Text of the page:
Pale red surfaces meet arched doors inner this rose-tinted splendor salon in Beijing, China, designed through architecture studio Penda China. Ecnesse – which specializes in excessive-give-up beauty and skincare products – already has several salons dotted across China, with every presenting a one-of-a-kind in shape-out.
Panda China had been approached to overhaul 5 of the logo’s salons, growing visually-unified interiors that have been “easy, transparent, bright and pleased”. The department in Xiangyun, a residential location of Beijing, has been decked out almost entirely in crimson – an attempt using the studio to avoid the “monotonous” white interiors usually created for beauty shops.
Flecked, the rose-colored stone has been used to craft the carrier counter in the salon’s entrance lobby, above which a trio of round pendant lamps is suspended. The stone has also been applied throughout the floor and to the countertops of tables dotted for the space duration.
Each desk is surrounded using timber-framed chairs with pale grey or blush-tone seat cushions, where clients can take a seat and wait or have short consultations with individuals of a group of workers. Other than a couple of shelving devices that enlarge up from the ground on skinny brass poles, decoration has been confined to leafy potted plant life.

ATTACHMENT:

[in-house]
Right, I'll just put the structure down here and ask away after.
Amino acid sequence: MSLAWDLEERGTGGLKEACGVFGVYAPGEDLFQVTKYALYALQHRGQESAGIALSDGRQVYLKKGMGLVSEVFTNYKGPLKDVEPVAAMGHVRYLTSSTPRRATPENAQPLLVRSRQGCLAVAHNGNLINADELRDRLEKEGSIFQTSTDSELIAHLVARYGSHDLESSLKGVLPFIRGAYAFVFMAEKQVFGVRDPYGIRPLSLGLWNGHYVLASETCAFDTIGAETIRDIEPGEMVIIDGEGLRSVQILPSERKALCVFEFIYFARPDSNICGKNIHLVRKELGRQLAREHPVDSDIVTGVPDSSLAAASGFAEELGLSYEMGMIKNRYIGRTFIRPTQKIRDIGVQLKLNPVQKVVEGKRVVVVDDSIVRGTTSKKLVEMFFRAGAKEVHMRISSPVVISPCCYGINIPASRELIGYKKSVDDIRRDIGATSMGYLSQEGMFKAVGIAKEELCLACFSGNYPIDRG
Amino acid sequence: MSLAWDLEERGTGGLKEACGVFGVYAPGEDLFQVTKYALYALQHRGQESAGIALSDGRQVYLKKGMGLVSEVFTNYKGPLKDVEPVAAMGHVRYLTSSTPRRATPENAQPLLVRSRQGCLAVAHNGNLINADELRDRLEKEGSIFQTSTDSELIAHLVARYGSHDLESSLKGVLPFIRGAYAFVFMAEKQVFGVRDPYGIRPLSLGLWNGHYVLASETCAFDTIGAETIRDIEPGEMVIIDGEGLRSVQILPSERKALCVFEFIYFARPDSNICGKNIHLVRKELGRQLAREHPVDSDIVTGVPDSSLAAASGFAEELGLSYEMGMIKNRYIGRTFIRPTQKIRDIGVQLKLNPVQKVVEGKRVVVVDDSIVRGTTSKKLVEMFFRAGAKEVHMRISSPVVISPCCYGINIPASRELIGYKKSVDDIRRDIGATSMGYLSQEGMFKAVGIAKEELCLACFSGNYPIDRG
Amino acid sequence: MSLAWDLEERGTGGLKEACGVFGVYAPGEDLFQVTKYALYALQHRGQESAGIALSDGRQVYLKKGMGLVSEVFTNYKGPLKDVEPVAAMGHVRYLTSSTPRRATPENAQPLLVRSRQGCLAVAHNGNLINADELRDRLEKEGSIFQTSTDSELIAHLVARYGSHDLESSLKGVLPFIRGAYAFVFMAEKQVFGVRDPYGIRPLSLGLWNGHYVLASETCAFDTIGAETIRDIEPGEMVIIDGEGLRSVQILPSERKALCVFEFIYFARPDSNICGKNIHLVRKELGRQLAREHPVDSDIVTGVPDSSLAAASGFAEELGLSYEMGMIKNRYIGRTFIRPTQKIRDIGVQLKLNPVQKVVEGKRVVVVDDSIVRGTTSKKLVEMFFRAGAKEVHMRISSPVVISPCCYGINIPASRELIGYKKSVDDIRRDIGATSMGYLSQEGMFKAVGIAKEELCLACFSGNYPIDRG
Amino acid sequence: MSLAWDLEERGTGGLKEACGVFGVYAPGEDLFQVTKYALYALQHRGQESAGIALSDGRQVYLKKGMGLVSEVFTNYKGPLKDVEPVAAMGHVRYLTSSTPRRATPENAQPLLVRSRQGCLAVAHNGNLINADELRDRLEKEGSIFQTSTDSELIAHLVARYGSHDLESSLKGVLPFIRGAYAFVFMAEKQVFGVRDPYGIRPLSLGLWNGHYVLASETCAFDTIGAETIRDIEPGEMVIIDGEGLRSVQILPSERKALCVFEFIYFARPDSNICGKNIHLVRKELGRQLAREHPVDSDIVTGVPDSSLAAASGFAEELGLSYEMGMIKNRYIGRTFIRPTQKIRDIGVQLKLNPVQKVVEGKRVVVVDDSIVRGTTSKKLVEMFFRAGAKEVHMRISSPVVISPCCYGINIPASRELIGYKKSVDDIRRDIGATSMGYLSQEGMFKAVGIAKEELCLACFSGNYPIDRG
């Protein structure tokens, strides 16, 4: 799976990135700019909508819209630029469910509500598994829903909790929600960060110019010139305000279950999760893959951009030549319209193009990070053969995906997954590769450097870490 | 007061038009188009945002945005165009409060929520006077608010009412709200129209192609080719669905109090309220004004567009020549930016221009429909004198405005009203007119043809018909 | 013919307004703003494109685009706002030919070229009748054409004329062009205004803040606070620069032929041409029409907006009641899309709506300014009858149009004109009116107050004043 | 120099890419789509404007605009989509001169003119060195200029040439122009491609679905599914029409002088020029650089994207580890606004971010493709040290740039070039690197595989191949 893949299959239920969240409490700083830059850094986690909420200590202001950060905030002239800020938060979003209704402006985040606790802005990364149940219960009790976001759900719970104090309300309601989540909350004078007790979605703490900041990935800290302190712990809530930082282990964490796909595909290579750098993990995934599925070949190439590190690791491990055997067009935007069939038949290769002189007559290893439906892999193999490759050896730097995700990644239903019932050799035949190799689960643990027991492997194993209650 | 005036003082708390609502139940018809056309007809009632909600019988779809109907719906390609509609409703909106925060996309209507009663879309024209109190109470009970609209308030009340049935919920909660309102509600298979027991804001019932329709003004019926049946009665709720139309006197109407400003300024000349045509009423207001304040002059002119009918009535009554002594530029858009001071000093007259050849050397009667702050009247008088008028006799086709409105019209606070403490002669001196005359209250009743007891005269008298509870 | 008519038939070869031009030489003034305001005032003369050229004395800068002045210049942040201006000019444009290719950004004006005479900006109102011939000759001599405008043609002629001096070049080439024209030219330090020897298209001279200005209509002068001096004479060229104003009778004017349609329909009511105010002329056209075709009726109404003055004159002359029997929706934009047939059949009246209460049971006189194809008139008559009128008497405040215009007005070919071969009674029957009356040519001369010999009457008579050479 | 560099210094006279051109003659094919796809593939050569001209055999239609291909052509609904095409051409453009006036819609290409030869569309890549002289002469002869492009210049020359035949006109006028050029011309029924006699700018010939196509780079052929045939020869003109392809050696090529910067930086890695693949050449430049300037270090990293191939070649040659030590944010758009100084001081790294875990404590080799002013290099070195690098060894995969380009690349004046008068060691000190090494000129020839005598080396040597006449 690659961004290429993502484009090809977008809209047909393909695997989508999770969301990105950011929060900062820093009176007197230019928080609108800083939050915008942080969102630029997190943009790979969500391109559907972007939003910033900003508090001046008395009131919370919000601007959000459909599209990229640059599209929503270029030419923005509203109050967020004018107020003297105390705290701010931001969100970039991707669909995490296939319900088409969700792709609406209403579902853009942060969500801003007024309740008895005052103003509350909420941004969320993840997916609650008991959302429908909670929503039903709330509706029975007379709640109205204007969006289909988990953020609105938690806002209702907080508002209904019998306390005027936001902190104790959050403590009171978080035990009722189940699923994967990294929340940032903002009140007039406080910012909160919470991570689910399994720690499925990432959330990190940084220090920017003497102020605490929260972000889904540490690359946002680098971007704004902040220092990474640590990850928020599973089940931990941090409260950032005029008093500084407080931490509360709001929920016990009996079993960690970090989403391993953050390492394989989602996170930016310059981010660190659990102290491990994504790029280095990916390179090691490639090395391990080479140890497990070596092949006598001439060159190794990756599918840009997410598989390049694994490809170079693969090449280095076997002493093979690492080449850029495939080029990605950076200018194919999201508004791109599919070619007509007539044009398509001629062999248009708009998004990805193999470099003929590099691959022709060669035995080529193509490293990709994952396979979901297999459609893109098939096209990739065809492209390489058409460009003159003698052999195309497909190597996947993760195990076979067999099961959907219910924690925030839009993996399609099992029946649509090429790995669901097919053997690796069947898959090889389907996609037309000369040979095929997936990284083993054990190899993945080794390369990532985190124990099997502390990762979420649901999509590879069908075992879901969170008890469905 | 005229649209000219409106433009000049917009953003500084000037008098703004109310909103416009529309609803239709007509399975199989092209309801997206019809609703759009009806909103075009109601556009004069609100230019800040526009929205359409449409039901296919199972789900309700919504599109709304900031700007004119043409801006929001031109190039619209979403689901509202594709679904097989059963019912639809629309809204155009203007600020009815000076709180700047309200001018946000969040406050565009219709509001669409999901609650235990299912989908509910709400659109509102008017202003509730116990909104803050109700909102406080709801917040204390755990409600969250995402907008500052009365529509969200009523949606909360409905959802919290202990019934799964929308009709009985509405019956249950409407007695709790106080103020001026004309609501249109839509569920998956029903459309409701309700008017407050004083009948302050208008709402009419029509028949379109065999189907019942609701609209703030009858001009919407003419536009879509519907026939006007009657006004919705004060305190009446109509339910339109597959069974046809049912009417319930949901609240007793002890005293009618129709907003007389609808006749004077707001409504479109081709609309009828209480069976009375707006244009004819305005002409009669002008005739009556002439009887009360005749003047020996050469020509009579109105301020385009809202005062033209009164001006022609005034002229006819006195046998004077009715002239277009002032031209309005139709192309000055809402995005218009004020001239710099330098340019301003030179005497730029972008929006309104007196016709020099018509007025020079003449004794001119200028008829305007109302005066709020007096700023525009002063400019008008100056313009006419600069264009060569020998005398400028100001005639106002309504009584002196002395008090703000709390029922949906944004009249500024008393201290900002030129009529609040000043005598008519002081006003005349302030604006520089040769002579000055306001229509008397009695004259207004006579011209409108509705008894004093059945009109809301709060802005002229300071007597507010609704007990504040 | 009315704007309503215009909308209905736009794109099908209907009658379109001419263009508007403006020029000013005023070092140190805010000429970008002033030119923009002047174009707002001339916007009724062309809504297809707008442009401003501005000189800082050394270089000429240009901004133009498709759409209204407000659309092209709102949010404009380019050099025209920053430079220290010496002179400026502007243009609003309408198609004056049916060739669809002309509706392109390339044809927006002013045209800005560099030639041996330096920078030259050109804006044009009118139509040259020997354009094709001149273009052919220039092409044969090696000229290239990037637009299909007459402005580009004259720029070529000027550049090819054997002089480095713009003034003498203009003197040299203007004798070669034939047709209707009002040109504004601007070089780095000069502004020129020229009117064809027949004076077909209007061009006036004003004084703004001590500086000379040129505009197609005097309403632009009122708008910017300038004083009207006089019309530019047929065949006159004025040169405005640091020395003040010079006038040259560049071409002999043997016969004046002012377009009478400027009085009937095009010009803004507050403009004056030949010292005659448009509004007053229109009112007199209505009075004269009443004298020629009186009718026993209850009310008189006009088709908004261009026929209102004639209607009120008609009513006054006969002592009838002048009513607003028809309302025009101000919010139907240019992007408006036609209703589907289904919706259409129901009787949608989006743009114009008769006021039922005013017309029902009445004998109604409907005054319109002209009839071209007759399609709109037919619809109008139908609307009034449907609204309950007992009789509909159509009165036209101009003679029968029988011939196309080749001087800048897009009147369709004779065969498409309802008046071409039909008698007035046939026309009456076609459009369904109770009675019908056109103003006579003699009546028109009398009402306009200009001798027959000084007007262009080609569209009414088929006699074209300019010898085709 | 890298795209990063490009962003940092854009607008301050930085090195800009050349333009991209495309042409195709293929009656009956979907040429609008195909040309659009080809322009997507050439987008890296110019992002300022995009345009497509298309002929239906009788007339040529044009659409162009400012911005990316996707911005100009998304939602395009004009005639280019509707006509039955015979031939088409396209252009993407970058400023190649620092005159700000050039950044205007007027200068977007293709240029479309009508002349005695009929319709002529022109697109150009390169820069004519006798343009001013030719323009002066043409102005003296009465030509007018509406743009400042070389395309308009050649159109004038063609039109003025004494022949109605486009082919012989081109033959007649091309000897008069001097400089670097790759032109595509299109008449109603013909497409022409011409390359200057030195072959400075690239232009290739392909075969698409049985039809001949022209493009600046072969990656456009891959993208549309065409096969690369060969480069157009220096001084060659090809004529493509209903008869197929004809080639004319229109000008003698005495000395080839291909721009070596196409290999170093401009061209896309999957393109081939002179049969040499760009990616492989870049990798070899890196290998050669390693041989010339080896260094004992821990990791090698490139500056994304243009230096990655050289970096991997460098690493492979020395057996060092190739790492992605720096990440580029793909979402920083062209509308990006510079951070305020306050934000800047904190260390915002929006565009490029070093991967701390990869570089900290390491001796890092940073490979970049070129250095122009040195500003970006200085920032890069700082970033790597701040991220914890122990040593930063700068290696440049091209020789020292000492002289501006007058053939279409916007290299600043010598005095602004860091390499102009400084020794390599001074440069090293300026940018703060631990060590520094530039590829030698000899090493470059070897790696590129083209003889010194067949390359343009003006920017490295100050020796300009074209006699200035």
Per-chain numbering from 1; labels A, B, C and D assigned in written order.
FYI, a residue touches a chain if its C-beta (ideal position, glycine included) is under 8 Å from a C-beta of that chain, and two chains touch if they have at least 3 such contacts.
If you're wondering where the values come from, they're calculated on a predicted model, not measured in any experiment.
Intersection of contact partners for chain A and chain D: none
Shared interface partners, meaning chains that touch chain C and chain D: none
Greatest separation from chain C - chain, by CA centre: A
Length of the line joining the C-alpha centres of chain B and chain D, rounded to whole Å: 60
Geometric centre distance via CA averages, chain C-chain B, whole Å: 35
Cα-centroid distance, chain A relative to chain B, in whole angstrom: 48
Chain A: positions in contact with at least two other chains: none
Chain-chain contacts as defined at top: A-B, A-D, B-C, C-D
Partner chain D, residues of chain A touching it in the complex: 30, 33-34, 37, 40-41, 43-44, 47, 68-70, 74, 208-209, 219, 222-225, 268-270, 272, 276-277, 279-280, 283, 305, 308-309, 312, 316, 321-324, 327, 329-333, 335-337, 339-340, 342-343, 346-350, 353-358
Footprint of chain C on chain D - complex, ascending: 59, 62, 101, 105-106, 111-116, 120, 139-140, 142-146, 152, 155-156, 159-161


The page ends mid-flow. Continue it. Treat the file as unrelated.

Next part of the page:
A small office-region can be seen through a big arched window that is punctuated in a partition wall. Arched paperwork was included in the salon’s course to create a cave-like aesthetic, which the studio hopes will foster a comfortable experience of belonging among visitors.
Vaulted frames separate a chain of alcoves wherein pedicures are done, dressed with muted crimson living room chairs. Curved doorways made from frosted glass have then been used to hide non-public remedy rooms. Inside, small arched mirrors are leaned up towards the wall.
“We created an experience of rhythm and a bit bit of mystery with curves,” explained the studio. “These repeated core factors serve as a formal language to bolster humans’ impact of the brand and beautify visible recognisability.
Panda China is headed up via architects Dayong Sun and Shuyan Wan. Sun additionally co-leads structure company, Penda, that he based with Chris Precht in 2013. Sun and Precht hold to paintings collectively on Penda projects while pursuing different projects like Penda China and Studio Precht.
Chris Precht-based Studio Precht, an Austrian structure practice that he leads together with his spouse Fei Precht, typically works on residential projects. Last summer season, Penda unveiled designs for a residential tower in Tel Aviv with modular archways and terraces designed to reflect the Bauhaus legacy of structure in the city.